Business Roundtable Endorses Bipartisan Cybersecurity Legislation
"Missing piece of effective cybersecurity is robust, two-way information sharing, with appropriate legal and privacy protections, between business and government," said Business Roundtable President John Engler
Washington – In testimony before the U.S. House of Representatives Permanent Select Committee on Intelligence, in a hearing on "Advanced Cyber Threats Facing Our Nation," Business Roundtable President John Engler endorsed the "Cyber Intelligence Sharing and Protection Act." Engler told Congress:
"We applaud [Chairman Rogers and Ranking Member Ruppersberger] for reintroducing the 'Cyber Intelligence Sharing and Protection Act' (CISPA), which Business Roundtable supported last year. We highly encourage you to continue to work with your counterparts in the Senate, as well as with the Administration, to ensure this important legislation contains appropriate legal and privacy protections that will pass both chambers of Congress expeditiously and be signed by the President. ...
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"Cybersecurity threats are dynamic and ever-evolving. Some cyber adversaries seek to disrupt critical services and the delivery of goods and services, while others are stealing sensitive government and corporate information at alarming rates. Cyber adversaries are highly motivated and constantly shifting and changing their methods to accomplish these ends. ...
"From our perspective, the missing piece of effective cybersecurity is robust, two-way information sharing, with appropriate legal and privacy protections, between business and government. The public-private information sharing partnerships in place today are good but not good enough. They are not sufficiently capable of responding to escalating threats. ...
"The current information sharing environment is not supported by strong legal protections to safeguard companies that share and receive cybersecurity information from civil or criminal action. Companies lack formal guidance on antitrust laws, which creates uncertainties for working within and across sectors to share threat information and risk management and mitigation techniques.
"Furthermore, there are not nearly enough security clearances. In many cases, only one or two employees are cleared even within very large global enterprises, which create difficulties in communicating problems and acting quickly across global operations. And, without access to timely and actionable threat information, senior corporate leaders can only speculate about which threats are greatest and how to best manage them. ...
"... [W]e support ... robust, two-way information sharing, with appropriate legal and privacy protections, between government and the private sector to exchange the specific threat information that will allow both government and businesses to better secure the nation's critical assets. The government must create a clear and predictable legal framework for private sector to private sector and private sector to public sector sharing, with appropriate liability and antitrust protections for those acting within the framework.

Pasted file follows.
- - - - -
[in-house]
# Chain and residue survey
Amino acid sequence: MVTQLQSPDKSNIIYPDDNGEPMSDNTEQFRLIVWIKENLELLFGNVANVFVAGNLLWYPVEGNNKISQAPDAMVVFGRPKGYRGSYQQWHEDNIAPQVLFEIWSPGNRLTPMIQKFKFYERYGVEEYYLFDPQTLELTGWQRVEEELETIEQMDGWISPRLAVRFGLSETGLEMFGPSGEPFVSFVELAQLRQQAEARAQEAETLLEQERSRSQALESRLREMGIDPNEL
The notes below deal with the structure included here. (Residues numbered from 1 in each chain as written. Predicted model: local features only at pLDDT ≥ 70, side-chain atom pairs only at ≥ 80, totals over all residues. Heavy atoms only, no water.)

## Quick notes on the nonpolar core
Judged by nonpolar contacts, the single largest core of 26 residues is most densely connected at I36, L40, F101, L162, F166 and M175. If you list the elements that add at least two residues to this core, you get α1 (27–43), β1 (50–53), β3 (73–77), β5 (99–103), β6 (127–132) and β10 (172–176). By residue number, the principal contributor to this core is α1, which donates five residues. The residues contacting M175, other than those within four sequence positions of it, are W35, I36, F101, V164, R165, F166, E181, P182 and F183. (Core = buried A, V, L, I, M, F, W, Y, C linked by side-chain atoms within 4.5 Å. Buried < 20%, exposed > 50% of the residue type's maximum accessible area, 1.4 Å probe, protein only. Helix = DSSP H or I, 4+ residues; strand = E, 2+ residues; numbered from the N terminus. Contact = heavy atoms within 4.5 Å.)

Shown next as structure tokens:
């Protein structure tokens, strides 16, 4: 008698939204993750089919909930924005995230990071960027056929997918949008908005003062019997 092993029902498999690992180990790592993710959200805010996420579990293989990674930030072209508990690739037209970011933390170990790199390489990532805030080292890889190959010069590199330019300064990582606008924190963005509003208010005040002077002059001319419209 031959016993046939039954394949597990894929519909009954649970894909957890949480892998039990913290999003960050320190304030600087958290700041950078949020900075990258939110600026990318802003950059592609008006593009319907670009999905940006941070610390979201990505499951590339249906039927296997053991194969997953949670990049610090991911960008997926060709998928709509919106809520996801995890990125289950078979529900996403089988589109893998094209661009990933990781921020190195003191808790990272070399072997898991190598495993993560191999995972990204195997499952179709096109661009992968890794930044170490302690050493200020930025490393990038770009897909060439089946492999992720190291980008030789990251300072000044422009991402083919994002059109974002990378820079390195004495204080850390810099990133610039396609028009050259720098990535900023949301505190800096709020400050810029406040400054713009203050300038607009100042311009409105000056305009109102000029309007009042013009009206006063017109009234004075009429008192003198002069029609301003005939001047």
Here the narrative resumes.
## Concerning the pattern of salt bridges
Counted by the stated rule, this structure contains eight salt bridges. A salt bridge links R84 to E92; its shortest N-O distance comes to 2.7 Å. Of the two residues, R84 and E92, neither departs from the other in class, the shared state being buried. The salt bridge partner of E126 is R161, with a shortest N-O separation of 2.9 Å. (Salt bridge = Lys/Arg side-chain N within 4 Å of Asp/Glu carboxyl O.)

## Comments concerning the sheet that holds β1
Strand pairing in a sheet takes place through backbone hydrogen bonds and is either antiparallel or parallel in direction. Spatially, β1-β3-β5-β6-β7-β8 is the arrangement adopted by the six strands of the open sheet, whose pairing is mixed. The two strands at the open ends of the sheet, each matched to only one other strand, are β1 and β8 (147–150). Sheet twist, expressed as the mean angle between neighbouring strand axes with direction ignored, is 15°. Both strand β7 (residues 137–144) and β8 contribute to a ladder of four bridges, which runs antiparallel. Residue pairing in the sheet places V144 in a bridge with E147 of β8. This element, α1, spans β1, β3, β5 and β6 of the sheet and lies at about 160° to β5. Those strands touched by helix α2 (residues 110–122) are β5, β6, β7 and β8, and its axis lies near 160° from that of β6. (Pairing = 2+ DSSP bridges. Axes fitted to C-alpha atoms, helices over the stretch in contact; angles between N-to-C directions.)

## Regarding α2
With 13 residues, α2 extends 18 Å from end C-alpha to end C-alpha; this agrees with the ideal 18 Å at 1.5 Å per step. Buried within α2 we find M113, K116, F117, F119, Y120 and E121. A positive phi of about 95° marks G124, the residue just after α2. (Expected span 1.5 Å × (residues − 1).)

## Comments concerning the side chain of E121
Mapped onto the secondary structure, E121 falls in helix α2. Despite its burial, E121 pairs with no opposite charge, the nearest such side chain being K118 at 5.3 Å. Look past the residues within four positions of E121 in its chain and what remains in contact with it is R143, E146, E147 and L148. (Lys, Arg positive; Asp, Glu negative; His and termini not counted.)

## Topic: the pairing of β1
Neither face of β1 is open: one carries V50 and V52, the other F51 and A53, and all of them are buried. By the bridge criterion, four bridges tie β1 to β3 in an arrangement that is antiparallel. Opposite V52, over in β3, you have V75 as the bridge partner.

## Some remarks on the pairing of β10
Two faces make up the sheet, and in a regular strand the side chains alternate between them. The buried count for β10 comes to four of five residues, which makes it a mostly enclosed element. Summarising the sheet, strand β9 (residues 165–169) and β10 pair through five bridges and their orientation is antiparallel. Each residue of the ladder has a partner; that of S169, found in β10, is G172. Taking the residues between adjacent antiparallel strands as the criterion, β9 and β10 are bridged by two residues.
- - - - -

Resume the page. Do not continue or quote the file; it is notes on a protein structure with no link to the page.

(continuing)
"... [T]he public and private sectors should develop and integrate roles and responsibilities that enable us to systematically work together toward the common goal of protecting our information assets. The Business Roundtable supports policies that build upon existing efforts to develop threat-informed risk management and mitigation methodologies to anticipate and respond to the most serious threats. To accomplish threat-informed risk management, an effective partnership should build on existing sector policy coordinating councils and government operations centers, and position senior public and private sector leaders to collaboratively oversee cybersecurity efforts."
Click here to view the full testimony.
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Business Roundtable (BRT) is an association of chief executive officers of leading U.S. companies with more than $7.3 trillion in annual revenues and nearly 16 million employees. BRT member companies comprise nearly a third of the total value of the U.S. stock market and invest more than $150 billion annually in research and development – equal to 61% of U.S. private R&D spending. Our companies pay $182 billion in dividends to shareholders and generate nearly $500 billion in sales for small and medium-sized businesses annually.
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